Boeing CEO vows to beat Musk to Mars as new space race beckons

By Julie Johnsson

A still from Elon Musk's presentation on how SpaceX would deliver people to Mars.
A still from Elon Musk's presentation on how SpaceX would deliver people to Mars.

Boeing once helped the U.S. beat the Soviet Union in the race to the moon. Now the company intends to go toe-to-toe with newcomers such as billionaire Elon Musk in the next era of space exploration and commerce.

Boeing Chief Executive Officer Dennis Muilenburg sketched out a Jetsons-like future at a conference, envisioning a commercial space-travel market with dozens of destinations orbiting the Earth and hypersonic aircraft shuttling travelers between continents in two hours or less.

And Boeing intends to be a key player in the initial push to send humans to Mars, maybe even beating Musk to his long-time goal.

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"I'm convinced the first person to step foot on Mars will arrive there riding a Boeing rocket," Muilenburg said at the Chicago event on innovation, which was sponsored by the Atlantic magazine.

Like Musk's SpaceX, Boeing is focused on building out the commercial space sector near earth as spaceflight becomes more routine, while developing technology to venture far beyond the moon.

The Chicago-based aerospace giant is working with the National Aeronautics and Space Administration to develop a heavy-lift rocket called the Space Launch System for deep space exploration. Boeing and SpaceX are also the first commercial companies NASA selected to ferry astronauts to the International Space Station.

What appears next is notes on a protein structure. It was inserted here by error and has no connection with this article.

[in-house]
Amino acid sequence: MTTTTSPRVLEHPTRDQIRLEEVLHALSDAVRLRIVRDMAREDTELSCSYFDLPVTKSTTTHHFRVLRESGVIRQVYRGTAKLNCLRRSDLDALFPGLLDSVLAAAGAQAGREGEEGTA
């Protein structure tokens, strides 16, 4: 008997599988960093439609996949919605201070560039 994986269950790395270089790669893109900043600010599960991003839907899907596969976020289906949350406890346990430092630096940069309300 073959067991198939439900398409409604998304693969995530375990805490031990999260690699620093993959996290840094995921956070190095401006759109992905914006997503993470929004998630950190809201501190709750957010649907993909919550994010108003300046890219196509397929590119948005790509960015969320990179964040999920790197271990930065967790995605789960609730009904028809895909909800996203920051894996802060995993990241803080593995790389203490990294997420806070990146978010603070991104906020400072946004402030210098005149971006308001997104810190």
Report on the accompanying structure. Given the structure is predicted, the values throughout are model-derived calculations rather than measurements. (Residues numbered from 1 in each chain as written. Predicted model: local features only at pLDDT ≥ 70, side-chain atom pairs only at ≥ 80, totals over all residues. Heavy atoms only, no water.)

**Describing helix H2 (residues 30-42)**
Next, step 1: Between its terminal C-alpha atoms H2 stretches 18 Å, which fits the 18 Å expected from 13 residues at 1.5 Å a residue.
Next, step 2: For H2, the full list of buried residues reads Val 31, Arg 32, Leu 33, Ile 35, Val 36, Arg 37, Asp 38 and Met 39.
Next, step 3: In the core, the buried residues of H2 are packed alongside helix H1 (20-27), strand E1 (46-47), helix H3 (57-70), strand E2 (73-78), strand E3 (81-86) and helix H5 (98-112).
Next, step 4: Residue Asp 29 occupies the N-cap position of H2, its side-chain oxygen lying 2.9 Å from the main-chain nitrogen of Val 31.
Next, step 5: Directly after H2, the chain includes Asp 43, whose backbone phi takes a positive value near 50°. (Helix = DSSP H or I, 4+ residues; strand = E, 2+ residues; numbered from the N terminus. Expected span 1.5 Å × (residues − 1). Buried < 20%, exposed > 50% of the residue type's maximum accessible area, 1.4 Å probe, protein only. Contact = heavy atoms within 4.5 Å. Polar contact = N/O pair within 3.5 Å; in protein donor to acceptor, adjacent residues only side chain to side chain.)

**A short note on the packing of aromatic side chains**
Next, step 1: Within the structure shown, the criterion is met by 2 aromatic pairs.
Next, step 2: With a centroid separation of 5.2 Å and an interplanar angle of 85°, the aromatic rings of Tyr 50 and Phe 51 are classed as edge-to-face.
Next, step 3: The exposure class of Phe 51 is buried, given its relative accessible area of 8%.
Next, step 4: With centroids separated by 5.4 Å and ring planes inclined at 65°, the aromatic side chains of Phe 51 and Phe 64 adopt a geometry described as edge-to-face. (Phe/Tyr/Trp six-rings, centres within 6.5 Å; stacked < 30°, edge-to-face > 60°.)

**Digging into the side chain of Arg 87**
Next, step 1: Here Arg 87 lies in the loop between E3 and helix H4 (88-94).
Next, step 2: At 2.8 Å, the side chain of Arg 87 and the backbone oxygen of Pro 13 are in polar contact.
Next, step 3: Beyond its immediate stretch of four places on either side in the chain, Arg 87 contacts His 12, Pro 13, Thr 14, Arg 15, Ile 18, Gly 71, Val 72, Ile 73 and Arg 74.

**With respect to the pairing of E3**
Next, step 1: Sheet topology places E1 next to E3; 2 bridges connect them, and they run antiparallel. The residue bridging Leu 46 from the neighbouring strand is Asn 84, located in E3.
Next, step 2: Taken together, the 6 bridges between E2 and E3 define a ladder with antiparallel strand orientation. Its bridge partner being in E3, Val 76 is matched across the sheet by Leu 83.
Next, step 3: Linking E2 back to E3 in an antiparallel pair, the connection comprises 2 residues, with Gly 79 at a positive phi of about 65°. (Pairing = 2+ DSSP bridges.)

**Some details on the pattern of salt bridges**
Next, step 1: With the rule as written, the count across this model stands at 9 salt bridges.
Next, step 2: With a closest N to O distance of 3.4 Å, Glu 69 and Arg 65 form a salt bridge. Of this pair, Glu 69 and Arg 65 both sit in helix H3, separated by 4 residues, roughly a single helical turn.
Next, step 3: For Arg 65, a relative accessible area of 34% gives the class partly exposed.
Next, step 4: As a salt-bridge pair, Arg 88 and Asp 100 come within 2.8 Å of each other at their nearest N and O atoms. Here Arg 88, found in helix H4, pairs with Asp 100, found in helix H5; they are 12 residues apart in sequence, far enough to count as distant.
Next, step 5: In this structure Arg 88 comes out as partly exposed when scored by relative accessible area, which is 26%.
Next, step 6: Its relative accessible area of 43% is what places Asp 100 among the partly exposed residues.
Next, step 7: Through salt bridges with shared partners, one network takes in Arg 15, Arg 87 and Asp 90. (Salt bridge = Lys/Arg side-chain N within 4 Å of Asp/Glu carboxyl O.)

WATCH: SpaceX's plan for a mission to Mars

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Musk last week welcomed competitors as he unveiled a SpaceX craft that would dwarf the workhorse of Apollo missions of a half-century ago, hauling 100 travelers to Mars with cruise-ship-style amenities.

"The goal of SpaceX really is to build the transport system. It's like building the Union Pacific railroad," Musk told a space conference, as he laid out a plan to bring travel to Mars to a mass market with tickets priced one day as low as US$100,000.

Boeing built the first stage for the Saturn V, the most powerful U.S. rocket ever built, which took men to the moon. Nowadays, Muilenburg sees space tourism closer to home "blossoming over the next couple of decades into a viable commercial market." The International Space Station could be joined in low-earth orbit by dozens of hotels and companies pursuing micro-gravity manufacturing and research, he said.

"I think it's a fascinating area for us," he said.

Muilenburg said Boeing will make spacecraft for the new era of tourists. He also sees potential for hypersonic aircraft, traveling at upwards of three times the speed of sound.

Boeing and Lockheed Martin are among the space heavyweights developing experimental aircraft that could fly U.S. travelers at speeds right out of a science fiction movie.

Lockheed's Falcon Hypersonic Technology Vehicle 2 is being designed to zip through the sky at Mach 20 (about 13,000 miles per hour), flying between New York and Los Angeles in 12 minutes. Boeing's X-51A WaveRider, which relied on its own shock waves for compression lift, reached Mach 5.1 in 2013.

Costs will need to drop substantially before these experimental spacecraft can be seriously considered for commercial use, Muilenburg said.

"That business model isn't closed yet. At some point it will," he said. "The future of innovation has to include not only the technology, but economic viability."

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